The Pompey Stone.

The famous Pompey stone, now in the state museum at Albany, is the most noted of a very limited class of relics.  It is a bowlder about fourteen inches long and twelve wide, bearing on its face an unmistakable figure and inscription.  It was discovered at Watervale, in the township of Pompey,not far from Manlius, Onondaga county, about sixty-five years ago. (That would have been about  1820) Historians and scientists have speculated on its origin without positive results, and it still remains as perplexing an enigma as when first brought to notice. 

 

The figure in the center of the stone represents a serpent twining about the trunk of a tree.  At the left is plainly engraved Leo De  -----VI 1520.  On the right of the serpent is a capital L with several inferior marks, doubtless meant for small letters, beneath which are two peculiar characters that look very much like Indian totems.  This stone is supposed to furnish the earliest known evidence of the presence of Europeans on the soil of New York state, and to have been designed for a grave monument for some unknown Spanish adventurer who, with his comprades had penetrated the wilderness in search of gold during the early part of the sixteenth century.  --Rochester Post- Express.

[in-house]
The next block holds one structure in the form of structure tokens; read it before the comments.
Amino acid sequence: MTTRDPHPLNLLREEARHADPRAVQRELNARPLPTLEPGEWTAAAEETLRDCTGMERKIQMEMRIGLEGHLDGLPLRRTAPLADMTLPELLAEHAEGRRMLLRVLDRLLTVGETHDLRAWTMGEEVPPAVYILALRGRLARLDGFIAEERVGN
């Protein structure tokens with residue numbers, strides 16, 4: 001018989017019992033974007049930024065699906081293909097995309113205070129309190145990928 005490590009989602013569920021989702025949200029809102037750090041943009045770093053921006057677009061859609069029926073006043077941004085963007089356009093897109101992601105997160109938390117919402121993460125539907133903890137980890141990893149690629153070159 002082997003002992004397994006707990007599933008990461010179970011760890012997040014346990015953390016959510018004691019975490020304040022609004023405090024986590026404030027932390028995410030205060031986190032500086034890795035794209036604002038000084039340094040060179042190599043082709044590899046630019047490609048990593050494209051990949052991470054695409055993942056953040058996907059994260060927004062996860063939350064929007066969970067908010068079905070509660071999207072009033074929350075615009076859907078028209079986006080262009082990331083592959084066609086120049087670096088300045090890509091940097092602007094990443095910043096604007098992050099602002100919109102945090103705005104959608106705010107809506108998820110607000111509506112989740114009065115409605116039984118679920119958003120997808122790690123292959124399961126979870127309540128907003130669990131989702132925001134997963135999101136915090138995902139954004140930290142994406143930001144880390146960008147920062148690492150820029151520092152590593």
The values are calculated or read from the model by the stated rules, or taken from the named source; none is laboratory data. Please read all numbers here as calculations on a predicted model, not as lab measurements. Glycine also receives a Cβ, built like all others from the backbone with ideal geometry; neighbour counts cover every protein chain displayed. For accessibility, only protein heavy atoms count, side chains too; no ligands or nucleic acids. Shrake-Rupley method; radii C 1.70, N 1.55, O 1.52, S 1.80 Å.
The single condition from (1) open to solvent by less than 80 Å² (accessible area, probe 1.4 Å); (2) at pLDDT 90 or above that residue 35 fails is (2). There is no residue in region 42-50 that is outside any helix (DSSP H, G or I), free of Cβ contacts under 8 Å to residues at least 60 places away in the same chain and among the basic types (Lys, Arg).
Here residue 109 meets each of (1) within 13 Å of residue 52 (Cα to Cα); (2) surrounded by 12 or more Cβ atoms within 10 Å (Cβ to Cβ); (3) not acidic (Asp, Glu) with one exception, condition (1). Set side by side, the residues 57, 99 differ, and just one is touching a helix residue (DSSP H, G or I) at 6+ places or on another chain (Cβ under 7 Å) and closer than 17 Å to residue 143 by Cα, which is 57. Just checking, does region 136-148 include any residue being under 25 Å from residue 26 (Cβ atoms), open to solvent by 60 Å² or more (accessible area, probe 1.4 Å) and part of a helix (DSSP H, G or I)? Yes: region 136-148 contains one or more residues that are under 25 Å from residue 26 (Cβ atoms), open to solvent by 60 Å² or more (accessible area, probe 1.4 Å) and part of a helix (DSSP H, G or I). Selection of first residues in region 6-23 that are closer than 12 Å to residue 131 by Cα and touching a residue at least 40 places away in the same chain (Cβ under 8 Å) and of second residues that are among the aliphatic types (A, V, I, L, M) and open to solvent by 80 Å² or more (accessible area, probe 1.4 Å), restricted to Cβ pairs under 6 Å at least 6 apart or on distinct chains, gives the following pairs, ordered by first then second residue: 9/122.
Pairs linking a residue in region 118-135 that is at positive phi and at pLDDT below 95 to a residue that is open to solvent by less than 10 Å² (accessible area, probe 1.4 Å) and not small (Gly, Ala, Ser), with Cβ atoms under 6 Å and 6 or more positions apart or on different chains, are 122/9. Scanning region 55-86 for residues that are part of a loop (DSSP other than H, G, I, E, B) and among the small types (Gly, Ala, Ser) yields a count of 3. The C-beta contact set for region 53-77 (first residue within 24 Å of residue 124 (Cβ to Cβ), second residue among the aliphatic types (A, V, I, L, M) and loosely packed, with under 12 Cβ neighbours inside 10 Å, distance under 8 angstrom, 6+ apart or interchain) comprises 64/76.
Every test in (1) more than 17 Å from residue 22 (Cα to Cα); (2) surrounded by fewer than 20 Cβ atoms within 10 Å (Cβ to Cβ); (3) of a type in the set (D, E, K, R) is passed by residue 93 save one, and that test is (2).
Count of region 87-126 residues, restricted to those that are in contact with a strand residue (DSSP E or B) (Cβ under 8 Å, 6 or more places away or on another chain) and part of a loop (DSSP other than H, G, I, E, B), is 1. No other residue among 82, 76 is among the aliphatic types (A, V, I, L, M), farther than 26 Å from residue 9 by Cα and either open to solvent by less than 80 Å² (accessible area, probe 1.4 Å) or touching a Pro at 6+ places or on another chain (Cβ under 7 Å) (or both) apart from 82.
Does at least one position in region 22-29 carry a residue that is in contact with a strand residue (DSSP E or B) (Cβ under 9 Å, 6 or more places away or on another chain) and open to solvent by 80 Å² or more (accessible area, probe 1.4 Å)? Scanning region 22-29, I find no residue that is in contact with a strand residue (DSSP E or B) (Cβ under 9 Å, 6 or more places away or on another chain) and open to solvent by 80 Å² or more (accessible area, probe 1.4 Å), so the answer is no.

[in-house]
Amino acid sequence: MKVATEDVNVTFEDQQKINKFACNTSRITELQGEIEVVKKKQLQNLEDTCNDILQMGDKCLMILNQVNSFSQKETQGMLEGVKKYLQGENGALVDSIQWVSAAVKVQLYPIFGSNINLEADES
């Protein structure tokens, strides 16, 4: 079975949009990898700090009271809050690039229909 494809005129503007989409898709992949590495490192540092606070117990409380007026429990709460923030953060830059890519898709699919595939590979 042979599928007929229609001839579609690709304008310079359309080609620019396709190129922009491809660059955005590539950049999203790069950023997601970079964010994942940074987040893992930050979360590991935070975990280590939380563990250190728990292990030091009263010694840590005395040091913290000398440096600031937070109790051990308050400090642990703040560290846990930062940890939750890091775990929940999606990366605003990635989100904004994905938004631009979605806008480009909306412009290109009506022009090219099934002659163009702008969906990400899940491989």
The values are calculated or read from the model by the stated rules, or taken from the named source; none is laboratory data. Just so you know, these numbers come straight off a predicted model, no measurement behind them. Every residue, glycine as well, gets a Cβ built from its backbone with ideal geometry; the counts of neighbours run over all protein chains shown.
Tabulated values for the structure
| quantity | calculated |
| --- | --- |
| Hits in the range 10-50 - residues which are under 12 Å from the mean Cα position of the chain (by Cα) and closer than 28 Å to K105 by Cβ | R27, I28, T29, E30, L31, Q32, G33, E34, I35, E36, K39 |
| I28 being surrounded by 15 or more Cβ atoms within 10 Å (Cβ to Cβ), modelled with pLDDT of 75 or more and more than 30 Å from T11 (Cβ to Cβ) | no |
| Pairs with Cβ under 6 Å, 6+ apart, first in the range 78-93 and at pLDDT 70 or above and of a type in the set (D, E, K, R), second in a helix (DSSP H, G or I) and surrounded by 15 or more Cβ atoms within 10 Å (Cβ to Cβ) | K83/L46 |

A skeptic could speculate that Leo meant lion, and De-VI + L just might refer to the name of, well,  perhaps those letters referred to the name of that sneaky old "lyon" serpent entwined around a tree trunk?   

The Pompey stone was eventually proven to be a hoax by W. M. Beauchamp in 1894 and in response to the publication of his investigations, two family friends, John and William Sweet claimed that it had been carved in a blacksmith's shop by Cyrus Avery and William Willard as a prank some 65 years earlier.   Neither perpetrator  was  alive  to protest the Sweets' version of events.  520

But back in Lynchburg, by that morning of April 1, 1885, probably 100 and perhaps as many as 1000 or more Beale Papers pamphlets had already been printed.  The title page of the pamphlet had already been sent to Washington, DC where it had secured a copyright for its "agent" James Beverly Ward, a respected local resident.  That page had an unusual mistake, the letters "Th" were obviously missing from "The" in its title, The Beale Papers.  It also had a second minor glitch, the date 1885 on the bottom of the page was slightly off center to the right as if originally the  typesetter had planned to place a month in front of the year.  The missing letters and the misalignment were probably the result of a hasty set-up during the first printing.  20-8

It is reasonable to speculate that by April 1 that the plates were also typeset for the printing of the April 10 "for sale" announcement in the Lynchburg Virginian.  The anticipation of huge sales and corresponding profits was undoubtedly intense.  All  was in place for the incredible treasure hunt  to begin on Friday, the tenth of April, shortly after the morning papers were delivered to Lynchburg's finest citizens.